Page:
BHP Ticks Off South Flank Iron Ore Expansion
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BHP has given the greenlight to the expansion of an existing iron ore mine in the Pilbara - the second project from a big miner in the region in the past month or so.
BHP Billiton says it will spend $US2.9 billion ($USA3.8 billion) expanding its South Flank iron ore project in. It has been under discussion at the company now for the best part of three years.
The expansion will add 25 years productive capacity to the South Flank operation and will start production in 2021.
The project will replace BHP’s Yandi mine, one of its foundation mines in the Pilbara, which is nearing the end of its life.
BHP said the expansion will include a new crushing plant, overland conveyor system and train loading facilities, it said.
The move comes as steel mills in China are increasingly using higher-quality iron ore in an effort to cut down on pollution and improve efficiency and output.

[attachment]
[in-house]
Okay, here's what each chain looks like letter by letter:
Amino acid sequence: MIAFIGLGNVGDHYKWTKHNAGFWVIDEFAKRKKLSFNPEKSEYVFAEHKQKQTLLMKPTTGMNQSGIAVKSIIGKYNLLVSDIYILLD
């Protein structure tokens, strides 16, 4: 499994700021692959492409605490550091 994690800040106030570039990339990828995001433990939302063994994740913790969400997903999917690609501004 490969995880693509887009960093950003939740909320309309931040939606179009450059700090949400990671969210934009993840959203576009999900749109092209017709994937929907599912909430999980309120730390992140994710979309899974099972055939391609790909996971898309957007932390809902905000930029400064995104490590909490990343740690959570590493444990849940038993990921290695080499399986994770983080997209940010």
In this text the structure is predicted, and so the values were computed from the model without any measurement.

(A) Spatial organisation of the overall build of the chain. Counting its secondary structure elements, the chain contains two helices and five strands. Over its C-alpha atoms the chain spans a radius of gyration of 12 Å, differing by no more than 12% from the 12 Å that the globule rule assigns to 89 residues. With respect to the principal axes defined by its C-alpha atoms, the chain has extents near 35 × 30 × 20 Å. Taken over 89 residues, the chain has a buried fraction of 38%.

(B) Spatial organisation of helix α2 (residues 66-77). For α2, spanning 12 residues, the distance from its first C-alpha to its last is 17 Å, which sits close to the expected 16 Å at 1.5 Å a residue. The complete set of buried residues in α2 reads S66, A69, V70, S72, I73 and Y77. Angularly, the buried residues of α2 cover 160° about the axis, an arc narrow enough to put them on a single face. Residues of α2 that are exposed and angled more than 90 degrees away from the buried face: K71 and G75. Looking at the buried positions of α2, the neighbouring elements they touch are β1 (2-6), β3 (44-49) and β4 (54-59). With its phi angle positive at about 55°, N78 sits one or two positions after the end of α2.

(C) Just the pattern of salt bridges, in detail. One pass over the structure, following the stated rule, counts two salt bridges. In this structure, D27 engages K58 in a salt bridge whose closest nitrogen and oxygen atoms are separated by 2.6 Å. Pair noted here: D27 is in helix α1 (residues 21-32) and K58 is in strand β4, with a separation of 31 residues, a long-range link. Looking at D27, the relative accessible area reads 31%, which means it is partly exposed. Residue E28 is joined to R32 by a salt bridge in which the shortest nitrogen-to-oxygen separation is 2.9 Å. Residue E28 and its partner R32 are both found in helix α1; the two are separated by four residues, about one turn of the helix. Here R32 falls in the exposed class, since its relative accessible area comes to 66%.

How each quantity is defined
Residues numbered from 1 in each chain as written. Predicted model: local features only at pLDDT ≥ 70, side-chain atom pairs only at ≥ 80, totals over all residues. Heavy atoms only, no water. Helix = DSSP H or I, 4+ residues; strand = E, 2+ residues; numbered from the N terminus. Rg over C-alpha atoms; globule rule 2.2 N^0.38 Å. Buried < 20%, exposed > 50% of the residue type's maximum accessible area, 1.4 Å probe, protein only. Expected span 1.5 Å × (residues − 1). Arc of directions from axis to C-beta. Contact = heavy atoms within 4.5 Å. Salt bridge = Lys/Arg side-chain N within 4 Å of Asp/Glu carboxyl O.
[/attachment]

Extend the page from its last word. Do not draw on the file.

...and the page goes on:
“South Flank is a capital efficient project which offers attractive returns, and which was approved following a thorough evaluation under BHP’s Capital Allocation Framework,” according to Mike Henry, heard of BHP’s Australian operations.
“It will enhance the average quality of BHP’s Western Australia Iron Ore production and will allow us to benefit from price premiums for higher-quality lump and fines products.” BHP said the South Flank ore will increase the average grade of its iron ore mined in Western Australia to 62% from 61%.
In late May Fortescue Metals approved the development of a $US1.28 billion ($1.7 billion) mine and rail project in in the Pilbara to be called Eliwana.
It will also gradually replace an existing mine and will also help Fortescue lift its iron ore grade from around 58% to closer to 60%.
Production from the mine is set to start in December 2020 and output will replace some of the 58% ore already produced by Fortescue, allowing it to maintain its 170 million tonnes a year shopping rate (the company is now shipping small, but growing quantities of 58% ore to India) for 20 years.
Glenn Dyer has been a finance journalist and TV producer for more than 40 years. He has worked at Maxwell Newton Publications, Queensland Newspapers, AAP, The Australian Financial Review, The Nine Network and Crikey.
At the AFR he was a finance writer, Finance Editor, News Editor and Chief of Staff. At the Nine Network he was supervising producer of Business Sunday for more than 16 years. He has also written for other online and analogue print publications here and overseas.